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Monday, 22 January 2018
THE fire station in Wargrave is on course to stay open after recruiting four new firefighters.
The retained station in Victoria Road is at risk of closure unless it can increase the availability of its crew.
This follows public consultation on plans by the Royal Berkshire Fire Authority to cut costs. Residents across the county were asked to state their preference from seven possible measures to save £1.4 million.
The most popular proposal was to close Wargrave and Pangbourne fire stations and abolish the retained support unit and remotely manage three other stations.
But following a campaign by residents and parish and borough councillors, the authority agreed to allow the Wargrave station to stay open for another 12 months, beginning in October, during which it must increase the availability of its crew to 60 per cent.
The station is already making progress following the recruitment of retained firefighter Neil Harling last month.
Mr Harling, 44, who lives within two minutes of the station, has completed training in ground safety and traffic collisions and has already been on his first call-out.
Fellow recruits Jon Pipe and Mat Helsby will be taking their ground safety and water rescue training this month, while Russel Thomas, a fully-qualified firefighter from Maidenhead fire station, will provide cover at Wargrave on his days off.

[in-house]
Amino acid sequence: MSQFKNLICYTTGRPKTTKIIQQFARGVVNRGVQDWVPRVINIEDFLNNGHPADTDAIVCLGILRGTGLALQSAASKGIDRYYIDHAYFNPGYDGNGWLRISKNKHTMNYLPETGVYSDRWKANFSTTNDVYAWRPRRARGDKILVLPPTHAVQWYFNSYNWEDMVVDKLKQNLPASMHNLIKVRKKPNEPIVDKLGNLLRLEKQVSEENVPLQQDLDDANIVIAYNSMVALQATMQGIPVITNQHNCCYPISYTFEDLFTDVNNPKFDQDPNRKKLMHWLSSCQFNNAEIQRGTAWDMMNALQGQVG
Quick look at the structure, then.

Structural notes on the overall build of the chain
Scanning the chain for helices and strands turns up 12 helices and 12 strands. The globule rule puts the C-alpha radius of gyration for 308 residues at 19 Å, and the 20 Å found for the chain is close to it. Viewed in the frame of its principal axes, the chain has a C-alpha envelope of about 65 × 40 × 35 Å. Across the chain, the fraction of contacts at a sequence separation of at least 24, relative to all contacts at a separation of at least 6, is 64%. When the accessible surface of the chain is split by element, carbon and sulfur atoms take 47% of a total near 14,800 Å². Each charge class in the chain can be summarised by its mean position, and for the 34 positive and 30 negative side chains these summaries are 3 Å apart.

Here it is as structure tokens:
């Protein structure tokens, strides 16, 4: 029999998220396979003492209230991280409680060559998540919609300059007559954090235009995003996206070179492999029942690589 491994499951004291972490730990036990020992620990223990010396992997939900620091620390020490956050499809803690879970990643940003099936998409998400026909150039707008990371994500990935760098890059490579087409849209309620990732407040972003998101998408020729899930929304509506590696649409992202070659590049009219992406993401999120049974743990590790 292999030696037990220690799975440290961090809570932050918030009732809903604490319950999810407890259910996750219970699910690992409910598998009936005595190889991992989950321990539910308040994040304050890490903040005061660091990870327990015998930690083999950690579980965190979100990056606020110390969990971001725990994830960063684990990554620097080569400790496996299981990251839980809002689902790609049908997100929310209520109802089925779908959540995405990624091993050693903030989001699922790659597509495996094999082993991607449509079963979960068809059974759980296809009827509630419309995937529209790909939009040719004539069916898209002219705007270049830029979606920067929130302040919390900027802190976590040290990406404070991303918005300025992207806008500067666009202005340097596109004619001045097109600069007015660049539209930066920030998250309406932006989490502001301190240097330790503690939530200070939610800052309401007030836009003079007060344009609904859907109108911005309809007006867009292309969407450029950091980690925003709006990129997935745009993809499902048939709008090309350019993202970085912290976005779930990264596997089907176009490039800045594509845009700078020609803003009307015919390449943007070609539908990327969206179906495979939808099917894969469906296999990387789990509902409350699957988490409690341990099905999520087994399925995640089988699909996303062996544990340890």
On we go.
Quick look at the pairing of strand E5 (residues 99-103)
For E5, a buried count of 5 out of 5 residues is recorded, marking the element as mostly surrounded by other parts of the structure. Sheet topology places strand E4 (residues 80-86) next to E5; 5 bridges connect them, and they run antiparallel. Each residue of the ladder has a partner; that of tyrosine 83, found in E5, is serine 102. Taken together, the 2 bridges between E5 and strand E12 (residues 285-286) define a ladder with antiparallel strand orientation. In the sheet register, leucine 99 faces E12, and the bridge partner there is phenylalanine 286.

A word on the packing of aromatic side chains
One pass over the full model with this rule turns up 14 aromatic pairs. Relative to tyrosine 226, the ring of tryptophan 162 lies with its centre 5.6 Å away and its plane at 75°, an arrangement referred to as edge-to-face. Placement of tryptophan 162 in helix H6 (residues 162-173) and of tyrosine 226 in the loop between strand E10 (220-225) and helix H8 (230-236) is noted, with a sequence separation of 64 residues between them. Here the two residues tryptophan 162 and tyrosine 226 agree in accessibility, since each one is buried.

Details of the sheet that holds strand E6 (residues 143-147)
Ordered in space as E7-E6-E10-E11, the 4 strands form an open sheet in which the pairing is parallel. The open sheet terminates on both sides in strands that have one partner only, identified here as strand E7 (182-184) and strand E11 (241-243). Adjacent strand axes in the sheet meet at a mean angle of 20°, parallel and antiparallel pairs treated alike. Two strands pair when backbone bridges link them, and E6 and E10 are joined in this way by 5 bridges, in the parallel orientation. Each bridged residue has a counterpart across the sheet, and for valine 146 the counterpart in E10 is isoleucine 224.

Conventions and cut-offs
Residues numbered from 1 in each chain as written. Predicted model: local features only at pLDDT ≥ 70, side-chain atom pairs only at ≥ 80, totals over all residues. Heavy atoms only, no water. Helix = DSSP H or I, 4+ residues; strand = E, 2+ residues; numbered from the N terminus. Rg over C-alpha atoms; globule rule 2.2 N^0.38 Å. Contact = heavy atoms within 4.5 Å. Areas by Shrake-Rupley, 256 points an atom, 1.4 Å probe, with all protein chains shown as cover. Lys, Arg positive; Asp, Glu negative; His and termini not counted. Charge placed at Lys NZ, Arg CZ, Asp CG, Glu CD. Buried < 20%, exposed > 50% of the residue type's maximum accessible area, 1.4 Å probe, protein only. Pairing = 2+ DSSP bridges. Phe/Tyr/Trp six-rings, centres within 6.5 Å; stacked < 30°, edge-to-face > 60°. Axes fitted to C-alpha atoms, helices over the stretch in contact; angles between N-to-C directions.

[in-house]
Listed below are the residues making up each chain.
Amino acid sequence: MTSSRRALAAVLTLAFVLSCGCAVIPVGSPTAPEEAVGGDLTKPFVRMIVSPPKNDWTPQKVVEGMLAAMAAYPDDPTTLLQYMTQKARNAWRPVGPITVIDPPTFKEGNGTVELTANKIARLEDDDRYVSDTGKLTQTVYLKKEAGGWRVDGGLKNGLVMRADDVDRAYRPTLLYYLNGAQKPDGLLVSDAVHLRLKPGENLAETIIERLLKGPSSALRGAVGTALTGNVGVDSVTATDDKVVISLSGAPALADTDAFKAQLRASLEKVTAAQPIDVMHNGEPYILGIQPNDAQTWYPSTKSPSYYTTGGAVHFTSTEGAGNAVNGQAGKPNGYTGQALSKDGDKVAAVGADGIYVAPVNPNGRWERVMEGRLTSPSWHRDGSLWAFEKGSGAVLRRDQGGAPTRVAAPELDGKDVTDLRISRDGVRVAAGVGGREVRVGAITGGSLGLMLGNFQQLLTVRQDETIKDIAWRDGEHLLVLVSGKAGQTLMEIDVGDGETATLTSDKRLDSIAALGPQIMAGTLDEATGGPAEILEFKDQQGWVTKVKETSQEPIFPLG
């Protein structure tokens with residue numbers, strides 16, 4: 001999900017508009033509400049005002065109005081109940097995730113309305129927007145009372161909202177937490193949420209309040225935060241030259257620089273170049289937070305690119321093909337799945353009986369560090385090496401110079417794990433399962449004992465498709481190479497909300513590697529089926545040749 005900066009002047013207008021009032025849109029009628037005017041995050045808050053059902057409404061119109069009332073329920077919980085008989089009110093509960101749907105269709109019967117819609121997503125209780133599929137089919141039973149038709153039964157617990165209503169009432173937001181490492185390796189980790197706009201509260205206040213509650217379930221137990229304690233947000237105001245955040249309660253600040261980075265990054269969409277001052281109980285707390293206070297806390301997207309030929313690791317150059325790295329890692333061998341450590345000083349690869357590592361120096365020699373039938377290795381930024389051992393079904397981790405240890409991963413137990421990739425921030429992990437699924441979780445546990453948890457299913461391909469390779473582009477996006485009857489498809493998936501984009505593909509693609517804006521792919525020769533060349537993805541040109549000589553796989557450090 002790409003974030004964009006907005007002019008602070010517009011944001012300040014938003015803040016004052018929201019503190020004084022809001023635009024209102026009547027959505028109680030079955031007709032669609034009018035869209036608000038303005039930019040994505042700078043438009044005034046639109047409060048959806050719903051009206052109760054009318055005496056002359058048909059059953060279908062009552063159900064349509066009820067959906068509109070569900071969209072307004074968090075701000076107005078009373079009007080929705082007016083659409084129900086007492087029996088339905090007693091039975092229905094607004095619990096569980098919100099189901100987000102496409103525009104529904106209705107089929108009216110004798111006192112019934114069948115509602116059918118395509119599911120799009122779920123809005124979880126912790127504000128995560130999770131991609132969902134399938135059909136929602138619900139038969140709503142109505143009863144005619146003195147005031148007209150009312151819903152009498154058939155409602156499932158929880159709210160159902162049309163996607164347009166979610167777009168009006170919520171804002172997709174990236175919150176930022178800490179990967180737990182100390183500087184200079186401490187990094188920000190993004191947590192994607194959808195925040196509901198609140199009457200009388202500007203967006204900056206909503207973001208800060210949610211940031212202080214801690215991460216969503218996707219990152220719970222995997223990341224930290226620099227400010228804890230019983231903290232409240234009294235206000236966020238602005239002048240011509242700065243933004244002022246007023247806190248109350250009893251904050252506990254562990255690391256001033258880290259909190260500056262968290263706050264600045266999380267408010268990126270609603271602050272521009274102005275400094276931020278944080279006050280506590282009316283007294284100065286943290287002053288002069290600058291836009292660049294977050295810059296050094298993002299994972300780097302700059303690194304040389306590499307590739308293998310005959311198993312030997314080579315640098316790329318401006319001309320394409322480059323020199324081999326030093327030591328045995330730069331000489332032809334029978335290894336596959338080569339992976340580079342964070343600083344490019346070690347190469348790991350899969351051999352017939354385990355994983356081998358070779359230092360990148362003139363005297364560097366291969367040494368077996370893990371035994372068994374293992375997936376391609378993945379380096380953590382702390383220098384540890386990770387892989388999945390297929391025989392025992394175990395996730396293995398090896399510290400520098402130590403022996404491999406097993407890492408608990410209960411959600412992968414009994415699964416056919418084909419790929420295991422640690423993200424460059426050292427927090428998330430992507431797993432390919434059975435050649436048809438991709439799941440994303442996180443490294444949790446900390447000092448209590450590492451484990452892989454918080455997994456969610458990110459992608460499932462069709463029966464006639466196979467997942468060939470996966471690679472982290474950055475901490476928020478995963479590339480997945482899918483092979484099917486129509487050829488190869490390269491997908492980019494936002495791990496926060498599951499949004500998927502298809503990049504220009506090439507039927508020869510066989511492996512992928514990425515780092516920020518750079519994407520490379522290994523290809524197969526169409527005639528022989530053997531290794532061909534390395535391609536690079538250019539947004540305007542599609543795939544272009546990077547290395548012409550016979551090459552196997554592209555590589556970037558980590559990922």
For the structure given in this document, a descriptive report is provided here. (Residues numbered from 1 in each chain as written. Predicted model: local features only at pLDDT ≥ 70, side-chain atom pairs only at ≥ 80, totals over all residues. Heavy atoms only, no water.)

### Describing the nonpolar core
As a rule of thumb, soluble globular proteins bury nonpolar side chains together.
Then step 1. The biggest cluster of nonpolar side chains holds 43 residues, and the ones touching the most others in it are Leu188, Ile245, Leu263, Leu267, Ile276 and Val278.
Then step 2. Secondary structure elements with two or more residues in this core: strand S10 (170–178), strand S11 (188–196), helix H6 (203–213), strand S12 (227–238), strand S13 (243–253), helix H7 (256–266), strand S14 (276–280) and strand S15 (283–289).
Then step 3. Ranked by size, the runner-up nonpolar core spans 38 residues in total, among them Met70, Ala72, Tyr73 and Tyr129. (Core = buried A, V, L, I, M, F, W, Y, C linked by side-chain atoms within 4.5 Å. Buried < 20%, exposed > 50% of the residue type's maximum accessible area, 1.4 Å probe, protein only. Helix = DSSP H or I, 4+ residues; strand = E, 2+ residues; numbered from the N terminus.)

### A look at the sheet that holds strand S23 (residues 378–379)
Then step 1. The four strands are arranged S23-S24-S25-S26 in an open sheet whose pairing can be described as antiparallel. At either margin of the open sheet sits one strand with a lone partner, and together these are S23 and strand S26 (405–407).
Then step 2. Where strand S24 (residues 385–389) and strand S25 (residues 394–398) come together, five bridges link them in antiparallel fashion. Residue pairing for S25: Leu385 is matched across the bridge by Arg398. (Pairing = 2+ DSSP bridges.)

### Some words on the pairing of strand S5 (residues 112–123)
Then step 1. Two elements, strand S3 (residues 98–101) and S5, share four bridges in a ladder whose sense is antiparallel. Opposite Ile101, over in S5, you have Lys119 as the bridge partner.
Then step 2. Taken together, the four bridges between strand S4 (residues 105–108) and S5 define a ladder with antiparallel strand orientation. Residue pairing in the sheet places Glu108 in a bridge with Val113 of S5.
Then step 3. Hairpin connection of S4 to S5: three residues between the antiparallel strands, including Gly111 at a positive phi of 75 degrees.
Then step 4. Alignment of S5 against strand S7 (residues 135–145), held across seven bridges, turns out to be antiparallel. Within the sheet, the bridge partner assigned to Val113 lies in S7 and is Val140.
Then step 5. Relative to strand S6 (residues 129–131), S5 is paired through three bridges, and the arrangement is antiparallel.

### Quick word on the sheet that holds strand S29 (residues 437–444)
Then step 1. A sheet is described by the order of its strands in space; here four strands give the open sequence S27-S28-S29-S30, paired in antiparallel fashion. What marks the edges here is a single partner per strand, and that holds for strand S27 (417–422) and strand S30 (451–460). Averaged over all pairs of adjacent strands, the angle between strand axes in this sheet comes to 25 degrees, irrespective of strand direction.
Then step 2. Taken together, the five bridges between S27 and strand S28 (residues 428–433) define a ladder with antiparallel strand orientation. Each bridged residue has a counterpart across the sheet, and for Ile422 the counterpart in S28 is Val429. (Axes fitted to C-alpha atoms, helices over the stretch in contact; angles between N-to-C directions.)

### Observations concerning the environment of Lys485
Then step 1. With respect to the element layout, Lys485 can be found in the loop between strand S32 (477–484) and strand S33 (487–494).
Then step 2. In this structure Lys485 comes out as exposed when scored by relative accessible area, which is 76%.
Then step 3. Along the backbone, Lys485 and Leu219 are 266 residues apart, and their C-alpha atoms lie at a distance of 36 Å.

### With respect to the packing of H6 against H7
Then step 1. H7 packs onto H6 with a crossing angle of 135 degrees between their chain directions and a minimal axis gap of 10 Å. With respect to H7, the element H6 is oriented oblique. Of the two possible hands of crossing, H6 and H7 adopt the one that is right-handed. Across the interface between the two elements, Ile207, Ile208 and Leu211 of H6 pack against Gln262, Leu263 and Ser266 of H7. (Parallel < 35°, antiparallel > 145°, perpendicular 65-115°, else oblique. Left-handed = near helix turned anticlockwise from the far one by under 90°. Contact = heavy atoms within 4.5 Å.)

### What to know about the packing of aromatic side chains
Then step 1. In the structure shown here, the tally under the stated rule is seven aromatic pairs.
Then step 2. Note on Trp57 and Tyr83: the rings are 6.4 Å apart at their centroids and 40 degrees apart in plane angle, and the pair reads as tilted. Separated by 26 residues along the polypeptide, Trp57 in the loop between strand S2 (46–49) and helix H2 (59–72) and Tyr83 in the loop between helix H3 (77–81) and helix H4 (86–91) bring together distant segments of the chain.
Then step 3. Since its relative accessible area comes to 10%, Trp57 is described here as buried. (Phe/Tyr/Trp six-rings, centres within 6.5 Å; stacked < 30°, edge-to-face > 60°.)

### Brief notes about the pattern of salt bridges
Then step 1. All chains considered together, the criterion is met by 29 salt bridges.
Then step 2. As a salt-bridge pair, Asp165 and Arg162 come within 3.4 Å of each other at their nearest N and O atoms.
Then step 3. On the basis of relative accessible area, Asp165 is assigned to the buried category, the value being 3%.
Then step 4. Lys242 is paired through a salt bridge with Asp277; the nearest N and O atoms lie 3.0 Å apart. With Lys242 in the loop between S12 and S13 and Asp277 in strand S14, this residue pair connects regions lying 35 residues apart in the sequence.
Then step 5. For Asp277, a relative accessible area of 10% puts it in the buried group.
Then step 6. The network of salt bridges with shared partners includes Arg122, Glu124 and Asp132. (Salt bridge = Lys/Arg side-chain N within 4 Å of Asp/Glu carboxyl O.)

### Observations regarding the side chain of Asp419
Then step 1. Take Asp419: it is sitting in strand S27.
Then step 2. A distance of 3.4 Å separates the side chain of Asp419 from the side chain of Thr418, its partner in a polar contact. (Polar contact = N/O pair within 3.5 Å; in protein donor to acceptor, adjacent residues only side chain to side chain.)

Mr Helsby lives in Wargrave with his partner Hayley Wilson and their children, while Mr Pipe runs a family lawn care business in Caversham.
Both men are currently undertaking a two-week training course at Reading fire station, after which they will be available for call-outs. Retained support officer Jon Murby said crew availability had already gone up from 2.6 per cent at its lowest to 18 per cent currently.
However, more recruits would be needed to reach the required 60 per cent by next October. A “have a go” event, designed to encourage potential recruits, will be held at the station on Saturday, February 17.
This follows an identical event held last month which was attended by more than 250 people.
The crew gave two demonstrations of how they deal with road collisions, including cutting a car open with specialist machinery to “rescue” people.
There was also a community fire safety stand showing the effects of not wearing seatbelts and a first aid training area where guests could learn CPR and practise on a dummy called Annie.
Children could dress up as firefighters and crawl through an obstacle course and some took turns sitting in a fire engine. A shop sold fire service-themed gifts and toys, helping to raise £250 for the Fire Fighters Charity.
Visitors could also try out a range of physical tests to see if they would be suitable to sign up. These included assembling pieces of equipment, working in a confined space and lifting and lowering the ladder correctly.
Mr Murby said two people tried the entry test on the day and another four took away information on how to apply.
He said: “The crew had a very enjoyable day and it was really nice to meet the local people and their families. Hopefully, this raised the profile of the station to help with the next event.”
Anyone interested in joining should live or work within seven minutes of the station.
The service is particularly looking for people to cover between 9am and 5pm Monday to Friday as those are the times when crewing is currently lowest. For more information, visit www.rbfrs.co.uk
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